The decision to become a caregiver of a loved one is not an easy one to make. If it’s a spouse or child, there is no question. However, when it’s a parent, there’s a feeling of anxiety. If you have siblings, then anxiety may be accompanied by resentment for having to be the one to make the decision. Then guilt sets in. Your parent took care of you, and now you just feel obligated.

Guilt is debilitating and doesn’t just affect you, but also your family and your loved one. Eventually, your initial decision to do something hopeful will lead to destruction. Even when relatives praise you or your loved one thanks you, you will still feel a sense of guilt.

Oftentimes, you feel guilty simply because you are in good health and your loved one is not. Your loved one is elderly, and that is a circumstance out of your control. Feeling guilty about it only distracts you from your task.

What is Caregiver Guilt?

Caregiver guilt is sometimes an emotion that conceals resentment, anger, or simply exhaustion. Taking care of a loved one is not an easy task. It can drain you of all your patience, eat away at your personal life, and occupy your life completely. You may resent your siblings for not doing their part, and you may resent your loved one for needing you. Resentment leads to anger, and ultimately these negative emotions fester into guilt. It is important that you recognize the underlying emotions that cause the guilt, in order to move on in peace.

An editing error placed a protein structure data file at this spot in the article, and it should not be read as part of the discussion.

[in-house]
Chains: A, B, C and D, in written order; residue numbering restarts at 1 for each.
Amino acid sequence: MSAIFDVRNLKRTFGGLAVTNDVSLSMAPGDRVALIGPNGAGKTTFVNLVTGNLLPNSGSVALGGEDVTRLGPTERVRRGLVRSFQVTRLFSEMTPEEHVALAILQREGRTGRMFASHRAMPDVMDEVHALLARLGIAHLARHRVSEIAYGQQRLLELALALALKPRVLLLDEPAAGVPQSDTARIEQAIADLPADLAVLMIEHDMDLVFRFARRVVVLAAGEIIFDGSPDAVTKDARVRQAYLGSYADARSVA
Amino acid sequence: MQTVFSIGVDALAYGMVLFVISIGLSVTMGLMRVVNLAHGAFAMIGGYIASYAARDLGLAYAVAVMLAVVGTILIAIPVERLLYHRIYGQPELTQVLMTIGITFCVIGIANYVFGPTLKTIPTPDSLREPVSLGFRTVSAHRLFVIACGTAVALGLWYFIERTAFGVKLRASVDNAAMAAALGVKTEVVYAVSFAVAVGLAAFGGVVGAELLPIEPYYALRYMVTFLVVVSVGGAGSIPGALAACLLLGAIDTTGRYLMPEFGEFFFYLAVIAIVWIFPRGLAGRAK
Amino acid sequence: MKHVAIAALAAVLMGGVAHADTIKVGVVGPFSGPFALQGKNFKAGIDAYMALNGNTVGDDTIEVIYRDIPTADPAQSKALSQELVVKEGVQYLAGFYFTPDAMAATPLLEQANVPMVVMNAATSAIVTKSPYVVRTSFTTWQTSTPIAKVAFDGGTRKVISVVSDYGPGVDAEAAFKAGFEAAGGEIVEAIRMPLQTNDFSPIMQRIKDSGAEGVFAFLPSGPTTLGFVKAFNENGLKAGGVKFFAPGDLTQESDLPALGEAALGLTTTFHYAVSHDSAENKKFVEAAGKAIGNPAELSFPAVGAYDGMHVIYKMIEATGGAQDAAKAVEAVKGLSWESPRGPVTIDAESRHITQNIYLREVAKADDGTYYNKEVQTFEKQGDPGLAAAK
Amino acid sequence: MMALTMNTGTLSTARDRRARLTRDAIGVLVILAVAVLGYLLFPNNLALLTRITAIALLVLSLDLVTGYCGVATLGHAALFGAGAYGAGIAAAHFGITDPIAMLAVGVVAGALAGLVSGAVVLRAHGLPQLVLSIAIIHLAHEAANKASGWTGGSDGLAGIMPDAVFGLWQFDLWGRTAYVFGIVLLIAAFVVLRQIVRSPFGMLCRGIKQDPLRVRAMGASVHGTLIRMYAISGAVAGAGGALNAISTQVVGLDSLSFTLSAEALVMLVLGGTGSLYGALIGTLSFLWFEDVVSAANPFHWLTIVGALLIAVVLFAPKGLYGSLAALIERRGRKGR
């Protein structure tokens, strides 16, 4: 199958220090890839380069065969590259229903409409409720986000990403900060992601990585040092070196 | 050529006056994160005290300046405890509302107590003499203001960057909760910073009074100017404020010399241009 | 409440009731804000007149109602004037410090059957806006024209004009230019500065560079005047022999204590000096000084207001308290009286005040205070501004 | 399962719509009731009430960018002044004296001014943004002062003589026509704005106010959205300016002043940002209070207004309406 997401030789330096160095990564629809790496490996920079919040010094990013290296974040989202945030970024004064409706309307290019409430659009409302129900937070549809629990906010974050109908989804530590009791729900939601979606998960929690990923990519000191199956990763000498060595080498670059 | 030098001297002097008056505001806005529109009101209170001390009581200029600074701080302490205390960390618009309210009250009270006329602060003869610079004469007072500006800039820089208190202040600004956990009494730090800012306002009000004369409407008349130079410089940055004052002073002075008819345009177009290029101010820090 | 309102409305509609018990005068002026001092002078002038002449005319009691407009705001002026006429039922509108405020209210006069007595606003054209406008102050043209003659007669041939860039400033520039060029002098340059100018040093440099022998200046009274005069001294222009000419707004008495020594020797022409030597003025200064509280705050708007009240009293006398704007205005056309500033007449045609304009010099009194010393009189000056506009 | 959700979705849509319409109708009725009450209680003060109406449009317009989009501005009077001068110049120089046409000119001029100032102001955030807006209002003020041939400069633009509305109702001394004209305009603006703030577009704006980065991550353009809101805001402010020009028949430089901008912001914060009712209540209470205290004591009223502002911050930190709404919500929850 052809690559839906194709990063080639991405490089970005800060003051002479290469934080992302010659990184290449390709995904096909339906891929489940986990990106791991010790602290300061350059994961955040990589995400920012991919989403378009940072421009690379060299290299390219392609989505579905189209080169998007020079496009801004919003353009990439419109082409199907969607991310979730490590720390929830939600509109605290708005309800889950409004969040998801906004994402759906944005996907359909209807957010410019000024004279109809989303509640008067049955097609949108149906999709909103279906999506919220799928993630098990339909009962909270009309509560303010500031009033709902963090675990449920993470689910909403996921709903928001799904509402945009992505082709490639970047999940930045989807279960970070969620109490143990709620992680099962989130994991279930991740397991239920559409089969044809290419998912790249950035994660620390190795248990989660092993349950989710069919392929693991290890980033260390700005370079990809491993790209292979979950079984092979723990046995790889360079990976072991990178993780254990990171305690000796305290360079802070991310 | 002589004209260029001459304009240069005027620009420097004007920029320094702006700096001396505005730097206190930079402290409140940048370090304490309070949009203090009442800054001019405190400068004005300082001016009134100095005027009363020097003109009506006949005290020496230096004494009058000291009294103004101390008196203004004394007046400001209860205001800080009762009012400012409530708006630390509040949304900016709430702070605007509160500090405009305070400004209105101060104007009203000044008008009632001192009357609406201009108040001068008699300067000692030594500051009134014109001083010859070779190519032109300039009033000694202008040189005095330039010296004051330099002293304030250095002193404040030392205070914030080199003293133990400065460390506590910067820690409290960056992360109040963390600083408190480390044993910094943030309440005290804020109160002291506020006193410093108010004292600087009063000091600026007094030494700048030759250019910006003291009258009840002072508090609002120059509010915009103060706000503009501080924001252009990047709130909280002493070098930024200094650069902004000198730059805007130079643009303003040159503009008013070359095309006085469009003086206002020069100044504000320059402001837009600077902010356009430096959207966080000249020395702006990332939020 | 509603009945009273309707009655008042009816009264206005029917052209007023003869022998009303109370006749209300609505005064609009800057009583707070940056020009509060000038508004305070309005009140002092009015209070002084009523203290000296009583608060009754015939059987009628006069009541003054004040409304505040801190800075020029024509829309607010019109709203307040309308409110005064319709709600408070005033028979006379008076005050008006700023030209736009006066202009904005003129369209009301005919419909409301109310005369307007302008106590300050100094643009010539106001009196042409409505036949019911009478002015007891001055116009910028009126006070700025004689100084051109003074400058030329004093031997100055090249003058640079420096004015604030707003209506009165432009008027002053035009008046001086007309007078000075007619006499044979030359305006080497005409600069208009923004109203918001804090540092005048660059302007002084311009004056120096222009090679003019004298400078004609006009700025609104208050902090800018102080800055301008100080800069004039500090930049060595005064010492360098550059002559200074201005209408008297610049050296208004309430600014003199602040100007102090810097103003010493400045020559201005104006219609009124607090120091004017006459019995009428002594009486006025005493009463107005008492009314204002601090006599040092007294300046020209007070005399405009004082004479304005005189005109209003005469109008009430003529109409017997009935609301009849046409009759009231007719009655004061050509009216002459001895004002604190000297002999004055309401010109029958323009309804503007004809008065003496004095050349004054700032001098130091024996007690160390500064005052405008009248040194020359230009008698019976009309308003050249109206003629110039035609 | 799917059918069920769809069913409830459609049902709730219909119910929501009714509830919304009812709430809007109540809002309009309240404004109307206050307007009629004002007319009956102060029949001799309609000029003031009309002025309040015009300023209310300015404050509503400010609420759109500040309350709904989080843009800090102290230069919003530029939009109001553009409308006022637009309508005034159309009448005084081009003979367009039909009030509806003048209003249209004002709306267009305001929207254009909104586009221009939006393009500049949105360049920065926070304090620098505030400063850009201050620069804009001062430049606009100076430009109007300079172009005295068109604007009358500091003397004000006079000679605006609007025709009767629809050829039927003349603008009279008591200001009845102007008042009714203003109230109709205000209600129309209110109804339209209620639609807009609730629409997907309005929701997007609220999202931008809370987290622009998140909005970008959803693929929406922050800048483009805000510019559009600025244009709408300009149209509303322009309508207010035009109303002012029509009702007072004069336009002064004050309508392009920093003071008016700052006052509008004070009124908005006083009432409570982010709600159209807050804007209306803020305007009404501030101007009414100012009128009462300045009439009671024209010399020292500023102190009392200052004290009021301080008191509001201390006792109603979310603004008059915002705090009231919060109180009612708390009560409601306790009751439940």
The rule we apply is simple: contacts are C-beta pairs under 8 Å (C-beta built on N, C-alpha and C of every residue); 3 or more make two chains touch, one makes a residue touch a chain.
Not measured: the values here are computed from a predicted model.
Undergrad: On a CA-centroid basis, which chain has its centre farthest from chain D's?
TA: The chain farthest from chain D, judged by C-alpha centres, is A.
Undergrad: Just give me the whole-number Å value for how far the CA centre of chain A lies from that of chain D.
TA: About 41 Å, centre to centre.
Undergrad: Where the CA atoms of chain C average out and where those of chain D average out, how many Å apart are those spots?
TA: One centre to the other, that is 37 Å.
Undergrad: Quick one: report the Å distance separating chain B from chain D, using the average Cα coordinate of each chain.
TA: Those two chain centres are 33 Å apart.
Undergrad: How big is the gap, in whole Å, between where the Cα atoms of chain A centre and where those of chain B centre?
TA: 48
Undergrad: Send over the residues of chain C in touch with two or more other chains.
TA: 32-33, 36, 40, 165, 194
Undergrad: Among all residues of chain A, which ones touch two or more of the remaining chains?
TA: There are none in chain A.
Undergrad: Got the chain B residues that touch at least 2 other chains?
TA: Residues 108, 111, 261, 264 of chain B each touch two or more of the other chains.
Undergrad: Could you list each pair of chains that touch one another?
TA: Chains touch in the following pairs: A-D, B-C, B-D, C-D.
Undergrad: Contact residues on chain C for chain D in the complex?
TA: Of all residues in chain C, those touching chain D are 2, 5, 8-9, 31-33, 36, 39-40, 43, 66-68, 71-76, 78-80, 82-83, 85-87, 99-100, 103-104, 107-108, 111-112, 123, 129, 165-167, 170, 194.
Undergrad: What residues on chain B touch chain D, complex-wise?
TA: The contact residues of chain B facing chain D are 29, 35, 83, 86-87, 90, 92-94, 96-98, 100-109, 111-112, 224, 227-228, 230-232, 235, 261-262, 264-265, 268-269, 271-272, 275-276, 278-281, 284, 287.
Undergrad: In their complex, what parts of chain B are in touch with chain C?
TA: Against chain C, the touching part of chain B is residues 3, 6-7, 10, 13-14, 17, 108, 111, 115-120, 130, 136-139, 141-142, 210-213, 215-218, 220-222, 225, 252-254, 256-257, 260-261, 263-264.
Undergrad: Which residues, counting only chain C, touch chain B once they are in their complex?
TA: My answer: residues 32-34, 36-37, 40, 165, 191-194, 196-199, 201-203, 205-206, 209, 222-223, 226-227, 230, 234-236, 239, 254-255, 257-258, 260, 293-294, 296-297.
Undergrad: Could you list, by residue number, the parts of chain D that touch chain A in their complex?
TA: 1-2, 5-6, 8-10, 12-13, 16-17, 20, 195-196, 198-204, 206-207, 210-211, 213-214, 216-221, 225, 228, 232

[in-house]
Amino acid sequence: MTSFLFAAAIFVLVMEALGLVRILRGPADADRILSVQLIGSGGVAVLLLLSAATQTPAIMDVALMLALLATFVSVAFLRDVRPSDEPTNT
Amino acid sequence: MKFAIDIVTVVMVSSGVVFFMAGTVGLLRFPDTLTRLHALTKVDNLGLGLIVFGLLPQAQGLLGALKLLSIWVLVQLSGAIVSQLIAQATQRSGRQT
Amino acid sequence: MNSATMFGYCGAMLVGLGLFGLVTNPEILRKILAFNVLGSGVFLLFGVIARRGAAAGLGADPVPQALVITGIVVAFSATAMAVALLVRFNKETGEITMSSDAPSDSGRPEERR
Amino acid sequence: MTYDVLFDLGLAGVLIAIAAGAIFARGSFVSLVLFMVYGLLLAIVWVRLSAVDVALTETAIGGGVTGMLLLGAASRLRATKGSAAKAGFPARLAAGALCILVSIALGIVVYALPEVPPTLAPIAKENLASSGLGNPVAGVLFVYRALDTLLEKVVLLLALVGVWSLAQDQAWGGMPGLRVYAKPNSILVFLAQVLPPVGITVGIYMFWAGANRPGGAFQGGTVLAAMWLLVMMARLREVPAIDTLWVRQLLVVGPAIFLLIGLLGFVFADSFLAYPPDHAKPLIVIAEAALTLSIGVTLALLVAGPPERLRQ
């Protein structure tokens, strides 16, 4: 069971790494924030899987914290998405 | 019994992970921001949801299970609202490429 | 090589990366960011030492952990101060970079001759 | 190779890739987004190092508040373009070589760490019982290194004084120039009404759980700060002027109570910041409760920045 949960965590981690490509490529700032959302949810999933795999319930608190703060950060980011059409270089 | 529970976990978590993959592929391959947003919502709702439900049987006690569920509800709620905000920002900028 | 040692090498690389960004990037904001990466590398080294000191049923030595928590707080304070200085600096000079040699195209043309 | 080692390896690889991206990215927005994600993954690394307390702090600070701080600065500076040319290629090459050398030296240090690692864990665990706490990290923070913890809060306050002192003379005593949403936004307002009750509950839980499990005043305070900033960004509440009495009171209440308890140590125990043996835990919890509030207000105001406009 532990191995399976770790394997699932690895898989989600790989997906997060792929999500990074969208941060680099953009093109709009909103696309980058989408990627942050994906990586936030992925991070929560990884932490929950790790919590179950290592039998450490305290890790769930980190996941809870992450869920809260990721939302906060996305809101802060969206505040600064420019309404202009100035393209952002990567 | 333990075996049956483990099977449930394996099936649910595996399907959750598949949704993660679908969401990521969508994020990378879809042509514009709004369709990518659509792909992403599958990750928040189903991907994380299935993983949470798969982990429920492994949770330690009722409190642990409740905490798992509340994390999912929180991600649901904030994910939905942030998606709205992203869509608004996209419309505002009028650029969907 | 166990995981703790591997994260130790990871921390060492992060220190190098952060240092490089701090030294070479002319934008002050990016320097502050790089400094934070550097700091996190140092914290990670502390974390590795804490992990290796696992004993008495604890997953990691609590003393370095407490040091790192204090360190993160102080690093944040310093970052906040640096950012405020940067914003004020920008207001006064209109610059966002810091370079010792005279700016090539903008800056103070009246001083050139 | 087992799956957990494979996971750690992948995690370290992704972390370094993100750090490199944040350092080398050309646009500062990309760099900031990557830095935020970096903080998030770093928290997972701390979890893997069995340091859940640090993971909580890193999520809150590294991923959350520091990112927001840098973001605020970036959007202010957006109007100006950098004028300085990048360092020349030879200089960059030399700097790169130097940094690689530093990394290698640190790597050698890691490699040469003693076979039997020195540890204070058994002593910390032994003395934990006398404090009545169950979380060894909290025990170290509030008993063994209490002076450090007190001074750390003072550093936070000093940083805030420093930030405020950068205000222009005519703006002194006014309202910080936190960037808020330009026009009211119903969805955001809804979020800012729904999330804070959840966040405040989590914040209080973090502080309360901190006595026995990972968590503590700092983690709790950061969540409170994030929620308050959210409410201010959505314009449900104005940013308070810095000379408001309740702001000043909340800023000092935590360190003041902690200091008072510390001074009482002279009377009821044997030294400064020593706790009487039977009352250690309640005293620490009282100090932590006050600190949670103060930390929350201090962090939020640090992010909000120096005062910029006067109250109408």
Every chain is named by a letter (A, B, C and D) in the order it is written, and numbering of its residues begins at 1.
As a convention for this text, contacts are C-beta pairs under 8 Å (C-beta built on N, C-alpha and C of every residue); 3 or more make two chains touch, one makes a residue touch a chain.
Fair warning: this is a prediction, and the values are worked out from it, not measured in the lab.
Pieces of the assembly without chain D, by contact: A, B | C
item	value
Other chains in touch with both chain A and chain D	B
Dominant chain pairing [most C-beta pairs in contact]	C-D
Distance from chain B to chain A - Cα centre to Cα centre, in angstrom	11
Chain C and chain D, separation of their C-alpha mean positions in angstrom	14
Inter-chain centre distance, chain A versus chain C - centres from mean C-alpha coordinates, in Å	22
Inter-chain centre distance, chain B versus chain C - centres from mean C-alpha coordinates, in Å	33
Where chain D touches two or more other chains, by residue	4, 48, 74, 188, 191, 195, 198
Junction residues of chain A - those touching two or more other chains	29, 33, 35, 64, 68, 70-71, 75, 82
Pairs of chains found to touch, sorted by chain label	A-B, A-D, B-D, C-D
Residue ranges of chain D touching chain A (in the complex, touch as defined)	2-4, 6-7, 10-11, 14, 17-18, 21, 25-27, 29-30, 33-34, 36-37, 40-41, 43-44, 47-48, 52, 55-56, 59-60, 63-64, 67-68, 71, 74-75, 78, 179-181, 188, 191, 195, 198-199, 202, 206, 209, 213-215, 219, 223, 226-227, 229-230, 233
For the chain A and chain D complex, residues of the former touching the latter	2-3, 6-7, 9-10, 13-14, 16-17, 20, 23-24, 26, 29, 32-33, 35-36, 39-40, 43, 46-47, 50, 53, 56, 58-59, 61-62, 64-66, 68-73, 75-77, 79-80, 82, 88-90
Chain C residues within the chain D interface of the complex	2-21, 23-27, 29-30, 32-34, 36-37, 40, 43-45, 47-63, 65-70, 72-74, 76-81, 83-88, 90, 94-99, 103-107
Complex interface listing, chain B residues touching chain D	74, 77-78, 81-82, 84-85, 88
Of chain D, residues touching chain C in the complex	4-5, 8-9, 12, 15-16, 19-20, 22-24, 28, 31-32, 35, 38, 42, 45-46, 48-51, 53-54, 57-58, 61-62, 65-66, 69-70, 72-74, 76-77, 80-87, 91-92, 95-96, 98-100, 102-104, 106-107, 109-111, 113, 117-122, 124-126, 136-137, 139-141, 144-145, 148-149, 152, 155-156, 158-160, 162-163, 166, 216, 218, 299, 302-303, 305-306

Know When To Ask For Help

If you resent the fact that you have no life, get a life. Taking care of a loved one should not hinder your needs. Just like having children, parents may feel they need some time alone, and when this is the case, they call in a helper for some relief. As a caregiver, you can do the same thing. And if you feel guilty for taking time away from your loved one, make sure you give him or her some fun time too. Create a balance. Your loved one might feel resentful and angry too if they sense you are burdened by them.

Put Yourself In Their Shoes

A parent suddenly feels like the child, and this can cause resentment and anger. They don’t want to feel like a burden, but if you, as a caregiver, are retaining all these negative emotions, you may inadvertently reveal your true feelings to your loved one. It could be in the tone of your voice, a gesture, or a look. With so many negative emotions flying around, animosity will grow and fester, and only bad things can come out of the situation.

Losing the guilt means understanding the situation and reminding yourself that you had a choice, even if the other options were not to your liking. Don’t be a martyr. You are a good person for taking on the burden, but if you reveal your burden to others as a complaint, the good becomes soiled. Find an outlet, like an online forum where other caregivers share situations and feelings. When you realize that you’re not alone, care giving will be easier to bear.

Give Care To Yourself Too

Caregivers need to be well in mind and body. You cannot be a good caretaker if you don’t take care of yourself. Consider relaxing or meditative outlets, such as yoga, Tai Chi, hiking, or long walks. Look to your faith for strength. You must have a strong mind and body to be the best caregiver that you can be. It starts with you. If you are well, your loved one will be well, and your family will be well. No pressure!